Friday, March 5, 2010
Review – To Have and Have Not
March 5, 2010
To Have and Have Not – U.S., 1944
Watching Howard Hawks’ 1944 film To Have and Have Not, I felt an eerie sense of déjà vu, as if I had seen this film before. In truth, I had only seen parts of this film, and they were better the first time around. By now, audiences all over the world probably recognize the following film elements - a man in an occupied country, a young woman in danger, a secret mission that the man is hesitant to get involved in, the musician who plays a rather telling musical number, a spy who must find a way out of a country, and the consistently impressive Humphrey Bogart. That these elements would again appear in a movie so soon after 1942’s masterpiece Casablanca is not entirely surprising. After all, if it works once, who’s to say it won’t work a second time?
And for many people, To Have and Have Not indeed works. Martin and Porter give the film four and a half stars, the film has an 8.1 ranking on IMDB, and on Rotten Tomatoes the film has a perfect rating of 100%, although it should be noted that only twenty-one people have seen fit to rate the film. However, with rankings such as these, someone viewing the film for the first time would probably be forgiven if he went into the film expecting to be completely dazzled by what he saw in front of him. The problem is that such high expectations are rarely met, and such is the case with To Have and Have Not.
To Have and Have Not is essentially two films – a political thriller and a romance, and it only succeeds at being one of these. The film’s central character is Harry Morgan, the captain of a small fishing boat docked on the French island of Martinique. His crew consists of two men, Horatio and Eddie. Horatio (played by a man named Sir Lancelot) appears in the beginning of the film, seems to be an important figure on the boat, and then disappears from the film entirely. Eddie (Walter Brennan), on the other hand, is given plenty of screen time, and despite Morgan’s assertion that Eddie is looking after him, I can't escape the feeling that Eddie exists solely for comic purposes. Why else would a character be given what could be a form of memento, keep asking people if they’ve ever been stung by a dead bee, and ask for alcohol in such a sympathetic way as to elicit the kind of sighs normally reserved for small furry animals in a Disney movie?
After an opening scene designed to establish Morgan as a righteous and noble character – he defends his two friends after some rather mean-spirited remarks are hurled in their direction – Morgan finds himself being recruited by members of a French liberation group. It seems there’s a mission of vital importance that only he and his boat can handle properly. In true Hollywood fashion, Morgan turns their offer down. After all, he knows what happens to those who are caught aiding the enemy of the Vichy. Eventually, he changes his mind though and stealthily embarks on a secret mission that neither he nor the audience fully understands the significance of. This aspect of the film, while being somewhat predictable, was well made and somewhat suspenseful, for we get the sense that danger lurks everywhere around Morgan – on the streets of Martinique, in the hotel, even at sea.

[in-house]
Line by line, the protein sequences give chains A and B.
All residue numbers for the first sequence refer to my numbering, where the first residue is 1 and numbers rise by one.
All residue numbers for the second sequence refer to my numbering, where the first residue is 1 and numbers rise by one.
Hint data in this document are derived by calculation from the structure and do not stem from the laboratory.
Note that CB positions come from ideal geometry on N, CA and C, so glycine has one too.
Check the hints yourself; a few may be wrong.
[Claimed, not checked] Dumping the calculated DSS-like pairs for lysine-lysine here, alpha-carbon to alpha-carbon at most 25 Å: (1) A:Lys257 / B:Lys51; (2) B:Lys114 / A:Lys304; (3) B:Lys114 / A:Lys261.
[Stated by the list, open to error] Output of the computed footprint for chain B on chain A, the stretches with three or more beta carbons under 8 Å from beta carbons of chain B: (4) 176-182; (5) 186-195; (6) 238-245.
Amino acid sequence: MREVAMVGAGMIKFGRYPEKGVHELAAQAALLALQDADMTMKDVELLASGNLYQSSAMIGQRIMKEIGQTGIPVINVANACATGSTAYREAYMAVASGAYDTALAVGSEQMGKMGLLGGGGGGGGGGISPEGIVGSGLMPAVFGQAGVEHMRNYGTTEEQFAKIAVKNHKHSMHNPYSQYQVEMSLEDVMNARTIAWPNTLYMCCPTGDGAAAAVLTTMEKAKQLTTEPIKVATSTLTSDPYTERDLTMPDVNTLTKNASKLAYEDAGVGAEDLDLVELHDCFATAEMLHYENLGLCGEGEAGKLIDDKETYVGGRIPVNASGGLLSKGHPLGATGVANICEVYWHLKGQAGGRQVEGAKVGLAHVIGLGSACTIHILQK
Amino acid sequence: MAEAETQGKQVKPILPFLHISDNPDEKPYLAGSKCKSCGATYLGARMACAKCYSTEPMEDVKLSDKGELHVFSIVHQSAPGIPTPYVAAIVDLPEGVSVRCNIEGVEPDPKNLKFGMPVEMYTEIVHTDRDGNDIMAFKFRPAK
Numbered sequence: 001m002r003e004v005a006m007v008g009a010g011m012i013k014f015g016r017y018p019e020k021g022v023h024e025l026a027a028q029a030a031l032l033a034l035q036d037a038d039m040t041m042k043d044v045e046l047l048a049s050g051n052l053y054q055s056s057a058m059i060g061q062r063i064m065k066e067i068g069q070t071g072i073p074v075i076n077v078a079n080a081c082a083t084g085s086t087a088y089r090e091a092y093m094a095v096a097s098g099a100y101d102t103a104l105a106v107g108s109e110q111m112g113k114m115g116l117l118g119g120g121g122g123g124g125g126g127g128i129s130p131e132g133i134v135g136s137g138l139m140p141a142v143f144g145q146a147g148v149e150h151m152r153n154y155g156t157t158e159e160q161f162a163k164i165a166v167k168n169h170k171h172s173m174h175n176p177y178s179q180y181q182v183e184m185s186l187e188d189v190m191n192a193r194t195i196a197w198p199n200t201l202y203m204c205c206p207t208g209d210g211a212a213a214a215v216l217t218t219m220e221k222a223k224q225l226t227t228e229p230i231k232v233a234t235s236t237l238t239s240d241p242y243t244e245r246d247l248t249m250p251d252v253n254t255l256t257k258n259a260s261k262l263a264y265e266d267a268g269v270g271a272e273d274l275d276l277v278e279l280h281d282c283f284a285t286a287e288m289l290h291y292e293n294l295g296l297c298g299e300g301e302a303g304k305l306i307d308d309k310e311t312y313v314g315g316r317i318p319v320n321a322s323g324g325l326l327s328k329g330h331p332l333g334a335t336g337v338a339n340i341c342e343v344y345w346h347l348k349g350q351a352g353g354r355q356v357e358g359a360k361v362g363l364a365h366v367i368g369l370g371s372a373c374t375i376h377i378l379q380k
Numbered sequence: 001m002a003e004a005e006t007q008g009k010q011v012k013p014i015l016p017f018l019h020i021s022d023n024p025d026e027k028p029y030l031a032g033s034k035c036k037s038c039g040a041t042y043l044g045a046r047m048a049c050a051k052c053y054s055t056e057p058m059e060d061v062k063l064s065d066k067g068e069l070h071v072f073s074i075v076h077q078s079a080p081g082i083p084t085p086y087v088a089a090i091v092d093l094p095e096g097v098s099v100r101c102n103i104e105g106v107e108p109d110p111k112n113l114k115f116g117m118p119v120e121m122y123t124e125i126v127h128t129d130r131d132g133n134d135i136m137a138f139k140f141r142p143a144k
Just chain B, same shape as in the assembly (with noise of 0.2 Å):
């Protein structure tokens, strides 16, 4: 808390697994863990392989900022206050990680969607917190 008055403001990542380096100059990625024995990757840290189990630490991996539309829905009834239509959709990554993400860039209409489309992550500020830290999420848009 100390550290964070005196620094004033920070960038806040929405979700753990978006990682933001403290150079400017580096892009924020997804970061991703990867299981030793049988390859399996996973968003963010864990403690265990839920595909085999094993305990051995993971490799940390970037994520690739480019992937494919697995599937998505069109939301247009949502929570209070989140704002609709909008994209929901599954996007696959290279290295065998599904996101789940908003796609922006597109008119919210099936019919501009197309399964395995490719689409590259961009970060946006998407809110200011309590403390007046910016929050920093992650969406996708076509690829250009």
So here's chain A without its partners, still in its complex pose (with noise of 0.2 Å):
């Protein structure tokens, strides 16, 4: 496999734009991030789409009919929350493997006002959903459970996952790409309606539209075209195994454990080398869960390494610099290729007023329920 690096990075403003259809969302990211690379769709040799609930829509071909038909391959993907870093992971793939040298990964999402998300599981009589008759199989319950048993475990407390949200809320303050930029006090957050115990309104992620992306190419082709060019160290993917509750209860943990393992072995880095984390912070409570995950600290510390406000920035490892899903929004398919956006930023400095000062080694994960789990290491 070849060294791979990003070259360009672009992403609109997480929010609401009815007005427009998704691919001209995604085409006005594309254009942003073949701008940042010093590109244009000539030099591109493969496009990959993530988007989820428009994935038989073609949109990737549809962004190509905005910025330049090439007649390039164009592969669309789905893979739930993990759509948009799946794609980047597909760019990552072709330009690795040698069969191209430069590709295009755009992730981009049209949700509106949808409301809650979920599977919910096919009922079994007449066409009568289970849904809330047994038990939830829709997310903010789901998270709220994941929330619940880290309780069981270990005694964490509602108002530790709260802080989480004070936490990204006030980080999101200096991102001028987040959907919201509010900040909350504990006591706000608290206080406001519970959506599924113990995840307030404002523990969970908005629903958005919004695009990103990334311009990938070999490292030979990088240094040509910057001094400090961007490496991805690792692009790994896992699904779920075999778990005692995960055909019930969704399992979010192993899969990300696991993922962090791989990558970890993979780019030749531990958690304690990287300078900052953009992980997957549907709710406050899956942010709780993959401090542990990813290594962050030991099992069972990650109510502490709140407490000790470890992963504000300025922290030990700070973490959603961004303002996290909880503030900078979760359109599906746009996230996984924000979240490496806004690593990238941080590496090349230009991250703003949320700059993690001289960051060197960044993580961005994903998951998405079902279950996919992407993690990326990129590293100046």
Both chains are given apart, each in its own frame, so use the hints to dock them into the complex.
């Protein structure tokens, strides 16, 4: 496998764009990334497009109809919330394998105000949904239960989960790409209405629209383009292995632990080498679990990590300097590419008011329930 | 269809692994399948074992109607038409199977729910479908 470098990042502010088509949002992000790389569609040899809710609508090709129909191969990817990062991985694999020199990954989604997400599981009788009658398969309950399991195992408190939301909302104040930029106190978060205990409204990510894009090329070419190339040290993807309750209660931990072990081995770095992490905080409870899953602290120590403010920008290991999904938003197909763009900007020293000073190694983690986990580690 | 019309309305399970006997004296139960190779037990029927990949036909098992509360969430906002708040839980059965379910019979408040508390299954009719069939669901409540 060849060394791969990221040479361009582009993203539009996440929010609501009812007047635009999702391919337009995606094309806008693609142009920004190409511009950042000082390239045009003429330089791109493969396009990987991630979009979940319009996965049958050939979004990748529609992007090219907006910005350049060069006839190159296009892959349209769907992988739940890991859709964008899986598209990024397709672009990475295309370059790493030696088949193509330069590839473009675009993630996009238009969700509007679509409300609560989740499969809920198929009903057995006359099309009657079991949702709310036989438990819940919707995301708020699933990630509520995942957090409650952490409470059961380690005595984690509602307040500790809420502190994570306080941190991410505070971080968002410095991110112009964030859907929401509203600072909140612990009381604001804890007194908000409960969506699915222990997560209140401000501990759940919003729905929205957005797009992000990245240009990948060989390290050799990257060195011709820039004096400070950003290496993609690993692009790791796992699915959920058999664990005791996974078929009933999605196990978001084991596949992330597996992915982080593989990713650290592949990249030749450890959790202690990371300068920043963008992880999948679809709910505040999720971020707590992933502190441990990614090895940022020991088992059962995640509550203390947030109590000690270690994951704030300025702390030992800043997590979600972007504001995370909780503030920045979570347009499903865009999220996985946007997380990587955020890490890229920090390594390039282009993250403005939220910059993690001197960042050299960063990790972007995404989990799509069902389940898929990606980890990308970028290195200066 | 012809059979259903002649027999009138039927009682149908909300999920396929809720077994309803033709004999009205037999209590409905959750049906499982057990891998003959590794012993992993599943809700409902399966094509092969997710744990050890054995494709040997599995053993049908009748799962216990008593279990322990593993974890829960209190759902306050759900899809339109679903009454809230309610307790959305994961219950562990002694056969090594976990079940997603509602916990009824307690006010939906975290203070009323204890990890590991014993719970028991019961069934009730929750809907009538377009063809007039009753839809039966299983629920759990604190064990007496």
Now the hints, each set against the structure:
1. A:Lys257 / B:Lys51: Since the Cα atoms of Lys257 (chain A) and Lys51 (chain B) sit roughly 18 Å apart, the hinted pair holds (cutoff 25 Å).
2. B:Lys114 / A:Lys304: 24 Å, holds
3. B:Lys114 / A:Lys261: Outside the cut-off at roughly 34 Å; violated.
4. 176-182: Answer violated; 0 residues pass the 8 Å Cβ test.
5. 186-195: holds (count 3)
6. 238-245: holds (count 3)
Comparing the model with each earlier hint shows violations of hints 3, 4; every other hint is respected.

As a romance, however, the film falls somewhat short, for the relationship between Morgan and Marie Browning (Lauren Bacall), a woman staying in the room adjacent to Morgan’s, simply never achieves absolute believability. Sure, the two of them are attracted to each other, and yes, they are not meeting in the most ideal circumstances for a budding romance, but there’s appears to be very little to their growing love than a few casual remarks that get under the other’s skin and the sense that both of them have been wronged by love in the past. Neither of them is forthcoming about the past, and they seem to push each other away just as often as they draw each other close. One could argue that this is the way love develops in an occupied land filled with potential assassins. In fact, this is indeed what has been said about the lead characters in Earnest Hemingway’s novel For Whom the Bell Tolls. I didn’t accept that explanation when I read that book as a literature major at U.C. Riverside, and I don’t buy it when it comes to To Have and Have Not either. Think of it this way. There’s a difference between accepting the existence of love prior to a film’s opening scene, which we do when we watch Casablanca, and watching love develop in front of us. It’s takes much more to convince me that two characters are falling in love than it does that they are already in love. The former requires not only attraction and circumstance but also time and deeply personal conversation, two ingredients that exist sparingly in Hawks’ film. In fact, the film even acknowledges the almost silly nature of Morgan and Browning’s relationship when it has Browning sing a song about how little two people in love know about each other. Just when the piano player named Cricket got around to writing that one, I’m not sure.
To Have and Have Not does have some clever dialogue, and there is indeed great chemistry between Bacall and Bogart. I particularly enjoyed their banter about just which of them is sore at the other at certain points throughout the film. However, the much touted “You know how to whistle” scene did nothing for me. Neither for that matter did either of the film’s four musical interludes. For me, therefore, To Have and Have Not is an average film that is made slightly better by some of the performances of its cast, in particular those of Bogart, Bacall, and Dolores Moran, who plays the wife of the French spy that Morgan is sent to pick up. Still, if it’s something memorable and fresh that you’re looking for, I’d stick with Casablanca. (on DVD)